ON SELF-ELECTROCUTION AND LITIGIOUSNESS

Let me explain to you what electrocution means.  I have no doubt that many of you have hear the word before, probably from someone who told you that they electrocuted themselves while unplugging something.  A Google search for “electrocuted myself,” even excluding the word “almost,” turns up over 11,000 results.

It also turns up mind-drivel like this.

The problem is that “electrocute” means to kill with electricity.  Kill.  Dead.  That means, therefore, that no one should be able to ever say “I electrocuted myself” because if that were true, ipso facto, they would be unable to say it.

This kid is the exception.

He puts the “cute” in “electrocute.”

That there is Kyle Dubois, an 18-year-old from Dover, New Hampshire.  Kyle was in an electrical trades class in March of last year, at which point he got the brilliant idea that it would be super cool if he were to shock himself with a live wire.  Just to make it more XTREMEtastic, he clamped a power cord to his nipples, and then had a friend plug the cord to the wall.

He died.  Obviously.  Basically what he’d done there is set up an impromptu defibrillator, running 110 volts across his heart, which OH HEY is not that much less than what they use in actual defibrillators.  Fortunately, death by electrocution doesn’t do much physical damage, so they managed to resuscitate him.

Five days later Kyle was back from the dead and out of the hospital, and in September he filed a lawsuit against his teacher, the City of Dover and the school district.

Why?  For having electricity?  For having schools?  For teaching classes?  No.

For not warning him that putting live electrical clamps on his bare nipples was dangerous.

Yes, Kyle is one of those people, apparently, who believes that the responsibility of people smarter than him (seemingly everyone) is to make sure he does not fuck himself up in stupendously retarded ways.  Like the woman who sued Universal Studios because she went in a haunted house and suffered “extreme fear.”  THAT IS WHY YOU PAID TO GO IN THERE.  Well as someone who is smarter than most people, I object.  I will not be held accountable for your inability not to breathe through your mouth and drool while watching television.

Apparently, some students in the class have said that the teacher was complicit, saying that if Kyle tried it with his nipples he [the teacher] would give him [Kyle] a Mountain Dew.  Kyle actually defends his teacher, saying that it was in fact a friend who offered him the drink.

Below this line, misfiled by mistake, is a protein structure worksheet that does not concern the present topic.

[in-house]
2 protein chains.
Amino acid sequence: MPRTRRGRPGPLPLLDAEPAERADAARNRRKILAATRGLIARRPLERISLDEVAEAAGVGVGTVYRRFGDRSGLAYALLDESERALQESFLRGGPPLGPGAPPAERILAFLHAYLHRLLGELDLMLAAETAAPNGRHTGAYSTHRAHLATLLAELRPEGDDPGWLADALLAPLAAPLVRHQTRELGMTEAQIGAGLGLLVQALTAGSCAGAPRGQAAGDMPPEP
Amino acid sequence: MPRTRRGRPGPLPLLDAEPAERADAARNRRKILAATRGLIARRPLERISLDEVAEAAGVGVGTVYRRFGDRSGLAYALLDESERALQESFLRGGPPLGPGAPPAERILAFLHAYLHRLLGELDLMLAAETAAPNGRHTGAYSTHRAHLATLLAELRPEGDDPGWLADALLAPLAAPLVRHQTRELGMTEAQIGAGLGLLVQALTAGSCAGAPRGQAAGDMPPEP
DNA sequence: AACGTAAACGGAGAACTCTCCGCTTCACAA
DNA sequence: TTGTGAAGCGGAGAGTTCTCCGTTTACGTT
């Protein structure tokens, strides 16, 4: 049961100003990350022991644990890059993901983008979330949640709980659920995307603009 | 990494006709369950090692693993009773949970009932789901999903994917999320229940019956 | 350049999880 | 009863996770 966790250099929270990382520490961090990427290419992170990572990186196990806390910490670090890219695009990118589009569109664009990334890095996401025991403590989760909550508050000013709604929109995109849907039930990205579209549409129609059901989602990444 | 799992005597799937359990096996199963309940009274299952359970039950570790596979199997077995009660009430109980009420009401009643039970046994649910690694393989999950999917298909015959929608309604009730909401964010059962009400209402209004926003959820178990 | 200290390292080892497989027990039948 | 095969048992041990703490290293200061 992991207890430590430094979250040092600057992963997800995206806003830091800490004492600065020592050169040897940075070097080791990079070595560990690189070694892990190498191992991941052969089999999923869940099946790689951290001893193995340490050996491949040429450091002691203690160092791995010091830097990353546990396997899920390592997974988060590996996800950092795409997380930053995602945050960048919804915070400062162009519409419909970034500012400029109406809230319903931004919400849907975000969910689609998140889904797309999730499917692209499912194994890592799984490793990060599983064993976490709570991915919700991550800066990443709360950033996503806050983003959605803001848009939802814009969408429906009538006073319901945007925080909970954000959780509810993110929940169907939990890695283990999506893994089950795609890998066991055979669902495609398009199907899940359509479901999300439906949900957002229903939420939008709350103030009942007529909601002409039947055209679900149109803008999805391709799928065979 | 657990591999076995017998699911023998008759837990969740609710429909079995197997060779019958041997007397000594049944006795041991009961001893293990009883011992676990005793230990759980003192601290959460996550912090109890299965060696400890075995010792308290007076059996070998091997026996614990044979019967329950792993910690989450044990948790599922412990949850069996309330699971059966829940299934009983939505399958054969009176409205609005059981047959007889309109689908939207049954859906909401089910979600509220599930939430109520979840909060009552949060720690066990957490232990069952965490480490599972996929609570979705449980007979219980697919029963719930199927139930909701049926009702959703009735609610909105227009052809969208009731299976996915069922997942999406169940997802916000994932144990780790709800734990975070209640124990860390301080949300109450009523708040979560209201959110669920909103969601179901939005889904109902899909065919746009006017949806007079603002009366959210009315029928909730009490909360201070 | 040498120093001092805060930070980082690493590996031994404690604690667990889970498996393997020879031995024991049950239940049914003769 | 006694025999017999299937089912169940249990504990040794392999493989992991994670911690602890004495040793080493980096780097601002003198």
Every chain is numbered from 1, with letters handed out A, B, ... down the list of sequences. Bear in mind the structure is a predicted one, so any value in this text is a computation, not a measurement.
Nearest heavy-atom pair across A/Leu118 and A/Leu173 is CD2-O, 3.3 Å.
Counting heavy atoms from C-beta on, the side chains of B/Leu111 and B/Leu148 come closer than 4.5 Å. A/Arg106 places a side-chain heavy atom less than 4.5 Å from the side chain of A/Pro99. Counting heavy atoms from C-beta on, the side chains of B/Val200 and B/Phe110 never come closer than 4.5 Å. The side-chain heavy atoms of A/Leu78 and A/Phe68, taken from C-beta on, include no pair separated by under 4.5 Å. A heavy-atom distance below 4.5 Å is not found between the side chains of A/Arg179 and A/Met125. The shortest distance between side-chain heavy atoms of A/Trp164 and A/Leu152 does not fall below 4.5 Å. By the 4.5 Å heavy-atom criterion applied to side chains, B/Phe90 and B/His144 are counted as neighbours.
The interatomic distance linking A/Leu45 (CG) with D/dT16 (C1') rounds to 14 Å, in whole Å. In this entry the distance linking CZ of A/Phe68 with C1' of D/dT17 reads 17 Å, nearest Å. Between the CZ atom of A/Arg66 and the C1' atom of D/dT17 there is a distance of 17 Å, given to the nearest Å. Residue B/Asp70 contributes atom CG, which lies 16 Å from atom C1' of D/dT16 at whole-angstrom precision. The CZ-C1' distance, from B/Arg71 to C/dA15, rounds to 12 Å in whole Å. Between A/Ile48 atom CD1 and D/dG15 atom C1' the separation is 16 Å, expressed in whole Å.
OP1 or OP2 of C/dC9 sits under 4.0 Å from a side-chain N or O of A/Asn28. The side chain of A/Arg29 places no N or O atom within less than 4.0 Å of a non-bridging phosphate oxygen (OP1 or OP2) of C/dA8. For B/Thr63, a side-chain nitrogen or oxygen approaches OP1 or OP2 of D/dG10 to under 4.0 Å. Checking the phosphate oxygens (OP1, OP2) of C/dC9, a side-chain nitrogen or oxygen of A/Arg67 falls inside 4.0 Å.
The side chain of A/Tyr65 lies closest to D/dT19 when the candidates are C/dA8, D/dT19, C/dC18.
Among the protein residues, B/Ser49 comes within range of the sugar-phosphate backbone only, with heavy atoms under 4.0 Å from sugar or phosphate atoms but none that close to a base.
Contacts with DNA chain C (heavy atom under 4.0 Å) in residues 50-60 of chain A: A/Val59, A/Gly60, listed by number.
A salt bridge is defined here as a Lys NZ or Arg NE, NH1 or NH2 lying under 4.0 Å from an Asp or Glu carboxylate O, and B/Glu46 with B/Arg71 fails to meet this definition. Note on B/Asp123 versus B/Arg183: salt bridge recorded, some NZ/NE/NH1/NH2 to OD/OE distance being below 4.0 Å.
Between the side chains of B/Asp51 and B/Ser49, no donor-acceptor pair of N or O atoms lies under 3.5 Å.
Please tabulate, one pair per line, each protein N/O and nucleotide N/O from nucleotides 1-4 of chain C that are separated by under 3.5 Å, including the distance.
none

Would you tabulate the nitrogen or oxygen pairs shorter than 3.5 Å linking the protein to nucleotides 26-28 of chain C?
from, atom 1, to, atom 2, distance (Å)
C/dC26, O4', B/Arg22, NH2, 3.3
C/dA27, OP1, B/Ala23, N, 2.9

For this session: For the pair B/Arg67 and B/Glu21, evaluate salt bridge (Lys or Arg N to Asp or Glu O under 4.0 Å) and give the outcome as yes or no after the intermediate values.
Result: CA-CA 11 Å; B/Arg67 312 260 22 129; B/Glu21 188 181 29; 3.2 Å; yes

Useful tip: Do not take dares from people who think Mountain Dew is currency.

I guess even if he wasn’t the one issuing the dare, it was still the teacher’s job to make sure that teenage boys didn’t find creative and insane ways to hurt themselves?  That’s hardly fair.  That’s what teenage boys do.  And Kyle’s legal team is claiming he suffered permanent brain damage.  Like anyone would fucking notice.

See, this is why we need labels on packages of peanuts that tell us explicitly that packages of peanuts contain peanuts.  This is why we need labels on toothpaste to tell you not to eat it, and don’t try to tell me those are directed at kids who might like the taste.  Only grown-ups read labels.  That’s directed at an adult human being who might actually consume toothpaste for pleasure and then wonder why their kidneys have suddenly turned into bocci balls of cemented fluoride.

People like Samantha James.

This is why there are labels telling you not to insert curling irons into your body, or not to iron clothes while wearing them, or not to use your hair dryer in the shower, or not to eat the silicon packets that come with electronics.  Those labels are there because companies don’t feel that they should have to financially support the unbelievably idiotic things people do with consumer products just because no one ever told them not to.  They’re not there because companies think you’re stupid.

They’re there because you are stupid.

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